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By an plane affine curve I mean a zero locus of a non-zero polynomial $f\in k[X,Y]$ in $k^2$.

So far I have worked out that on irreducible plane affine curves, the Zariski topology is the co-finite topology. So I only need a bijection between any two such curves.

But I do not know how to write down such a bijection.

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It is clearly enough to establish that such curves have the same cardinality, which must be equal to $|k|$, because the affine line has precisely this many points. There are many ways to prove this result, some more involved than others.

Assume I have a curve $C$ given by an irreducible polynomial $f$. Because $C \subseteq k^{2}$, the cardinality of the curve is bounded above by

$|k^{2}| = |k| ^{2} = |k|$,

where the latter equality holds because our field must be infinite. It is thus enough to establish that $|k| \leq |C|$.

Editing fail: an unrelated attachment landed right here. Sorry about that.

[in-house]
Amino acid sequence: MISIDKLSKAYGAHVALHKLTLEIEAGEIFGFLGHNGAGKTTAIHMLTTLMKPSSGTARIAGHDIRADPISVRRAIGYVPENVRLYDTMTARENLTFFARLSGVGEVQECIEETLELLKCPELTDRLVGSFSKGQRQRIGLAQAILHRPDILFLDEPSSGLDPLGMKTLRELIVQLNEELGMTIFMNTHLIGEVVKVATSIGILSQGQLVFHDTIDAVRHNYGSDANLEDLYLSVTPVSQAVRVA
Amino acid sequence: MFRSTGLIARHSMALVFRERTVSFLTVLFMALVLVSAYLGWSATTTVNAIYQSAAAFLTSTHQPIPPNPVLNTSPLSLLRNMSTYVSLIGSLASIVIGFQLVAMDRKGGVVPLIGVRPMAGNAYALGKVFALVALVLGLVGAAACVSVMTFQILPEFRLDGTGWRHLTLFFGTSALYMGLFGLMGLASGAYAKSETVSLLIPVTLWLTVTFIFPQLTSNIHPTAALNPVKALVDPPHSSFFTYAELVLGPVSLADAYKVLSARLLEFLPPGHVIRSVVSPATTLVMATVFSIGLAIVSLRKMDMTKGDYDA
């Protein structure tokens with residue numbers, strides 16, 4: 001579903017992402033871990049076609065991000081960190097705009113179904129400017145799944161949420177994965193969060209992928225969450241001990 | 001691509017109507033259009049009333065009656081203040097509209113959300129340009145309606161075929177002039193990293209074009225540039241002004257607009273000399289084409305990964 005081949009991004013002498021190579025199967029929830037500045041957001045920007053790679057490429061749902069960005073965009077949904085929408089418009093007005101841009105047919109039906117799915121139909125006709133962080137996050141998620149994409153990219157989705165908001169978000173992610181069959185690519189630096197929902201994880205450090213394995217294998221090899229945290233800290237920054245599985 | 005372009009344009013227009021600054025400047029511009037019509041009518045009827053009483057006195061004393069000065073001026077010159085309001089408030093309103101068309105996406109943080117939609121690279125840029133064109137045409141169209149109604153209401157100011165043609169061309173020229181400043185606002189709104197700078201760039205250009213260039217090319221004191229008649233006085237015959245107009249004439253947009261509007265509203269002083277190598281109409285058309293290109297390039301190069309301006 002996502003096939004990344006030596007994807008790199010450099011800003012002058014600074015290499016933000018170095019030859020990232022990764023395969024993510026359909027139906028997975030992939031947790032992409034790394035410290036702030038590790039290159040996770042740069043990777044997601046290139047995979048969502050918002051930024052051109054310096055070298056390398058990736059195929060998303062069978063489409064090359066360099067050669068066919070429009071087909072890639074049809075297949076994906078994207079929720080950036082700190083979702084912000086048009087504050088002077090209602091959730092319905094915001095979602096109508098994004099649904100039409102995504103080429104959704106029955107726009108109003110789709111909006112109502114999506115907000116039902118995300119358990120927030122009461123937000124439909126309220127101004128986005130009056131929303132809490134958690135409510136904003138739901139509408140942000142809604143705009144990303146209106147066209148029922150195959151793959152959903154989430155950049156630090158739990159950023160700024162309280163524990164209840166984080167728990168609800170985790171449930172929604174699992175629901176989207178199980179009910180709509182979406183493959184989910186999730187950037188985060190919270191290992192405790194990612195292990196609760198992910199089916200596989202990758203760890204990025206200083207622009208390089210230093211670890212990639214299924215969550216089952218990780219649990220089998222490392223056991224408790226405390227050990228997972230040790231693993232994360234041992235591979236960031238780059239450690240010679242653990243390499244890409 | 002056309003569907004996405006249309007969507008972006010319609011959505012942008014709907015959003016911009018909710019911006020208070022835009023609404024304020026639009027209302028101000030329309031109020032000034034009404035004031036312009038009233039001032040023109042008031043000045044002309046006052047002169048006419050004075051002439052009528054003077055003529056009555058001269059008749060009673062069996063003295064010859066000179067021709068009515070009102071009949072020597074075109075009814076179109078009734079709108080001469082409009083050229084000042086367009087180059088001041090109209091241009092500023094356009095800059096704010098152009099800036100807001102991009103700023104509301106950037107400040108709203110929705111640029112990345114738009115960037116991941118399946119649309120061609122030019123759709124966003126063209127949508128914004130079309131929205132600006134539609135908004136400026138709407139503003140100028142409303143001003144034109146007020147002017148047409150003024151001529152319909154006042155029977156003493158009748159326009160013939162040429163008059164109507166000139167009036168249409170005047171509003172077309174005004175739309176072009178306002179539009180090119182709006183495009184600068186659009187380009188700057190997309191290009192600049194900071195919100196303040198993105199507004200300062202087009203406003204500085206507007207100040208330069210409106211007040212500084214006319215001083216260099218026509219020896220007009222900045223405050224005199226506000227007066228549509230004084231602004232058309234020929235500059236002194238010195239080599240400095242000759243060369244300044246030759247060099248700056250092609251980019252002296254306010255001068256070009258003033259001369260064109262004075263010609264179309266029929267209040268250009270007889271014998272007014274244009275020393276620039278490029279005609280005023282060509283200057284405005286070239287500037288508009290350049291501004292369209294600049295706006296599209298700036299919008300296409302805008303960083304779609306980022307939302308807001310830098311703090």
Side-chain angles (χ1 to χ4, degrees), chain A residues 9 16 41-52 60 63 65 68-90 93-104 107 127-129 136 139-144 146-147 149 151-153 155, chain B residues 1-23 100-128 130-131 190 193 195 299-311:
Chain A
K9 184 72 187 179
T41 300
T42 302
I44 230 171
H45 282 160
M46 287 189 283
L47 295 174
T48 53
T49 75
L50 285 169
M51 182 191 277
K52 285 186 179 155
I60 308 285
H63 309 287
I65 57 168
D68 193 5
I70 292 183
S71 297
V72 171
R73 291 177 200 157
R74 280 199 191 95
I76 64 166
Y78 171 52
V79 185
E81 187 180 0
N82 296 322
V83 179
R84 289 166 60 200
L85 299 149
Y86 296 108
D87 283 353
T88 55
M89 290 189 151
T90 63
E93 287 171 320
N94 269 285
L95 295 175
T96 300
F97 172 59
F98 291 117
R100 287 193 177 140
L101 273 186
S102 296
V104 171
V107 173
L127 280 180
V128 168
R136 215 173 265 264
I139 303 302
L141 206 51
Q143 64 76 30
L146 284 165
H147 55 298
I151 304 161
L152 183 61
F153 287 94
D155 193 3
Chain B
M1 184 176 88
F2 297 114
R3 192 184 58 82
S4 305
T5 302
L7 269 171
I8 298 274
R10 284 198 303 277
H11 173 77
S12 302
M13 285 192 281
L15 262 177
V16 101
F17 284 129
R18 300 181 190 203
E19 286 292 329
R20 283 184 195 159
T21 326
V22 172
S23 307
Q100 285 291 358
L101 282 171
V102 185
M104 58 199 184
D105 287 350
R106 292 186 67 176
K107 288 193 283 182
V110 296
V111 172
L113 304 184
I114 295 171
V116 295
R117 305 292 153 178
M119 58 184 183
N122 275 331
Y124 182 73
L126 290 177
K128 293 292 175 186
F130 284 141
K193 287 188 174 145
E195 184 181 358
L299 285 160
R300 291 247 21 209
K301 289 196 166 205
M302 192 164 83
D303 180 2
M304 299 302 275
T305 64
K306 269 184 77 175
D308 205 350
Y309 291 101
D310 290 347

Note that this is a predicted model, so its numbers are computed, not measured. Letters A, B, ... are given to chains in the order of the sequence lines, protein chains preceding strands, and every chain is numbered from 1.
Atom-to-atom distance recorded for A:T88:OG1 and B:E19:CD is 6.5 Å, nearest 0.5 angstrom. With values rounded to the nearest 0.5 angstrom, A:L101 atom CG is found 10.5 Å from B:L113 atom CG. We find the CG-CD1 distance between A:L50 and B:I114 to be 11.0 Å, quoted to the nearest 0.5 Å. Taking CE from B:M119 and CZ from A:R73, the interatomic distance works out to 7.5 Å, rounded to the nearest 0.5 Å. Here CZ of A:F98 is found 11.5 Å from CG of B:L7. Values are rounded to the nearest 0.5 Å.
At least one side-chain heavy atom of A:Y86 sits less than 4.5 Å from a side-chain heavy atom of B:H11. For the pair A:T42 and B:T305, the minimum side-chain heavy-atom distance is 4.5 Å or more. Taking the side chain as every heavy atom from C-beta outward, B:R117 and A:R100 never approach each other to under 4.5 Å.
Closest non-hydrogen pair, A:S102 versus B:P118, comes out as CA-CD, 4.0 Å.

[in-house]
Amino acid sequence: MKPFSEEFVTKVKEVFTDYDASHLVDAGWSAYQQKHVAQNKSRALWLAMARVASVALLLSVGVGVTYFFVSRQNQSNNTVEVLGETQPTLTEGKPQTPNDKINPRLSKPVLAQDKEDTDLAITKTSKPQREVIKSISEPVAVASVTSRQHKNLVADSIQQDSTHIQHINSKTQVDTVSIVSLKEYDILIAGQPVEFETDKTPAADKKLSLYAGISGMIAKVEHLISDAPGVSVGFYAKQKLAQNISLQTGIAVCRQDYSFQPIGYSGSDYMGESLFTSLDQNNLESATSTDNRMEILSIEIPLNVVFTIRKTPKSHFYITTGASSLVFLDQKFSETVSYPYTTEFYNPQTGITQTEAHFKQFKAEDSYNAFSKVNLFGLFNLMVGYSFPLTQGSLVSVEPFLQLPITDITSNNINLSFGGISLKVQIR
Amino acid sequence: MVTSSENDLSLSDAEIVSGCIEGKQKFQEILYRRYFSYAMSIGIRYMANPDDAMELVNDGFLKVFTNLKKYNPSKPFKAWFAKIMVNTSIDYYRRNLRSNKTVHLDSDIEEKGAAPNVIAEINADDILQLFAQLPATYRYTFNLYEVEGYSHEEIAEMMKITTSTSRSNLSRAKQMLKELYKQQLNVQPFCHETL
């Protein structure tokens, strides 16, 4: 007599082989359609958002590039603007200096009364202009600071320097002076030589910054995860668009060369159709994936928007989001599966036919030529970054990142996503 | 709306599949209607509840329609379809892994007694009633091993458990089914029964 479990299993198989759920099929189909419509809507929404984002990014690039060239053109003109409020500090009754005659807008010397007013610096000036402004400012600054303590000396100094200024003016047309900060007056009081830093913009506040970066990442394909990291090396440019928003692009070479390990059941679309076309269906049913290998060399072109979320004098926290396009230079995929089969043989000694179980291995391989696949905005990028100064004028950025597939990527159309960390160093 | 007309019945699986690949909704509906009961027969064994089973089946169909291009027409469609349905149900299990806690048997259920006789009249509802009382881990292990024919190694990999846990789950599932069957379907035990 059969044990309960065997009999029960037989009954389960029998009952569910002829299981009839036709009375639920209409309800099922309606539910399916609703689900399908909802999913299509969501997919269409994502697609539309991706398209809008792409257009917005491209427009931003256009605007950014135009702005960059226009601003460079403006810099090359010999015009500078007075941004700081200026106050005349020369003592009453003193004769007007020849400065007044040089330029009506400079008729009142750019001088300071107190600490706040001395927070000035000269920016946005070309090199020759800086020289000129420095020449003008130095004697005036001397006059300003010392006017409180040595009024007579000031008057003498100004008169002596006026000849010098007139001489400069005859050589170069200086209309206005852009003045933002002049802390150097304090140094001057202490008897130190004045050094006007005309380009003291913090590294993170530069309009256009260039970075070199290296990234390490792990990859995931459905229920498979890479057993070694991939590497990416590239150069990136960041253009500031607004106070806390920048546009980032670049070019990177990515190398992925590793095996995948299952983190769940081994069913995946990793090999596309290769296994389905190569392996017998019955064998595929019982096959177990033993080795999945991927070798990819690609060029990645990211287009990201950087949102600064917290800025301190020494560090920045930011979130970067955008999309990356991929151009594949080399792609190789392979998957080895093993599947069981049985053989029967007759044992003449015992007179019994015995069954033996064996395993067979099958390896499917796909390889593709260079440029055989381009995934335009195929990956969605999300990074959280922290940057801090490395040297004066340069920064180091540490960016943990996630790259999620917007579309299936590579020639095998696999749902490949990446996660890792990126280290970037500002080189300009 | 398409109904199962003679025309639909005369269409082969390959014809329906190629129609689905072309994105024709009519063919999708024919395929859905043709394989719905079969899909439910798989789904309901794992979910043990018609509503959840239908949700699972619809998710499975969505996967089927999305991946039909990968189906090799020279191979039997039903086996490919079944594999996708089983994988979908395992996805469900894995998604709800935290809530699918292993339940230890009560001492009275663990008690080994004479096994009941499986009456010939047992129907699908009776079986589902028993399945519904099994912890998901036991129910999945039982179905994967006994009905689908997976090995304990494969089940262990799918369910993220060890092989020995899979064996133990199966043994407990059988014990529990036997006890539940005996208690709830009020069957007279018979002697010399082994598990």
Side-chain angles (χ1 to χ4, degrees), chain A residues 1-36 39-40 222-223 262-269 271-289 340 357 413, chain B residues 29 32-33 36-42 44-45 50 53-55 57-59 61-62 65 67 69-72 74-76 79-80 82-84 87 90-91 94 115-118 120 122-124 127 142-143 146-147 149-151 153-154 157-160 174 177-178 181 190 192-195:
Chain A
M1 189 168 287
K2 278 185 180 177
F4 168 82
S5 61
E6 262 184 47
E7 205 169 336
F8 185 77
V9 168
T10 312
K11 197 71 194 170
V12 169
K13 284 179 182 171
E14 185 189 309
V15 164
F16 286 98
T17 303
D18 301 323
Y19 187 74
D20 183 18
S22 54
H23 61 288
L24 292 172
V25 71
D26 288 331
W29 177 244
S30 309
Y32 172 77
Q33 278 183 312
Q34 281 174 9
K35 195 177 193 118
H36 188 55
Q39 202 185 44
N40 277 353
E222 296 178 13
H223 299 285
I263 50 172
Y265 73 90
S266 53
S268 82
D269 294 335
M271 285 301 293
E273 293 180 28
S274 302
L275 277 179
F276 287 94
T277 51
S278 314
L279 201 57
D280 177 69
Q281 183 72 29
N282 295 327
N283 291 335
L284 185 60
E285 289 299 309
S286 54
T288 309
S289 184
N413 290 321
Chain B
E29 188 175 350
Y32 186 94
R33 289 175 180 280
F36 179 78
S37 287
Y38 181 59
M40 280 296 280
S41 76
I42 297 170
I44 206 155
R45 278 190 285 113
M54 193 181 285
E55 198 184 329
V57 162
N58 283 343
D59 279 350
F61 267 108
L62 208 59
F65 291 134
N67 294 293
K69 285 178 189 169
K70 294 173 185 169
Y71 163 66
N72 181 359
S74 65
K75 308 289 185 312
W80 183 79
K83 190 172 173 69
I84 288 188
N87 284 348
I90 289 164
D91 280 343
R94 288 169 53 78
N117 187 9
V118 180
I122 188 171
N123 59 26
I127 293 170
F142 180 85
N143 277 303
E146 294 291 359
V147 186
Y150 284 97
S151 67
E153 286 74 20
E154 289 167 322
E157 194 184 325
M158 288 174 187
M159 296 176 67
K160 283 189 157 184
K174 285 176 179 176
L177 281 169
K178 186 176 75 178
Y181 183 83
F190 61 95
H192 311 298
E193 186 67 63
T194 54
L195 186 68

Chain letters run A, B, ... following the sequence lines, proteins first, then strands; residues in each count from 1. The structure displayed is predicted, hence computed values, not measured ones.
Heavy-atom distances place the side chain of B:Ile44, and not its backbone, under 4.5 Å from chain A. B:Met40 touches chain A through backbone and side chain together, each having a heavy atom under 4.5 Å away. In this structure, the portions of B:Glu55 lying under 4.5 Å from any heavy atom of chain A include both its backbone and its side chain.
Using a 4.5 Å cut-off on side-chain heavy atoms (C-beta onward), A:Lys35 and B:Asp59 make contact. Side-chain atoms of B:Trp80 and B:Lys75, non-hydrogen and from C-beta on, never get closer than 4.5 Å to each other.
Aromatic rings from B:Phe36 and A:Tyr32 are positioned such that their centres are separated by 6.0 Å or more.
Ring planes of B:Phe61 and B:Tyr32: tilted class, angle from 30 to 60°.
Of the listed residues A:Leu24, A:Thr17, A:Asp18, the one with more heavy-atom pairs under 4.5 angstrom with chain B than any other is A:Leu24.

Write down your polynomial $f$ as follows

$f(x, y) = x^{d}f_{d}(y) + x^{d-1}f_{d-1}(y) + \ldots + x^{0}f_{0}(y)$,

where we may assume that $d > 0$. Indeed, if it is not, then replace $x$ by $y$. It cannot happen that $d = 0$ in both cases since then $f$ would be constant and in particular would not define a curve. Let $A = y_{1}, \ldots, y_{n}$ be the zeroes of $f_{d}(y)$. The map $C \cap \{ (x, y) \ | \ y \notin A \} \rightarrow (k \setminus A)$ given by projecting onto $y$-coordinate is surjective, because on each line $y = c, c \notin A$, the curve $C$ is given by a positive degree polynomial in $x$ and our field is algebraically closed, so such a polynomial must have a root.

This shows that $|k \setminus A| \leq |C \cap \{ (x, y) \ | \ y \notin A \}| \leq |C|$, but $|k \setminus A| = |k|$, because they only differ by a finite number of elements. This ends the argument,

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Thank you. But why is there a bijection between $k$ and $k^2$? –  Montez Feb 3 '13 at 12:48
Because $k$ is an infinite field, and for all infinite cardinals $\kappa$, $\kappa = \kappa^2$. (This requires the axiom of choice.) –  Zhen Lin Feb 3 '13 at 13:08
No, $\kappa=\kappa^2$ holds without choice. But that every set is isomorphic to a cardinal, that requires choice. @Montez: You can look this up in introductory texts on set theory. –  Martin Brandenburg Feb 3 '13 at 13:53
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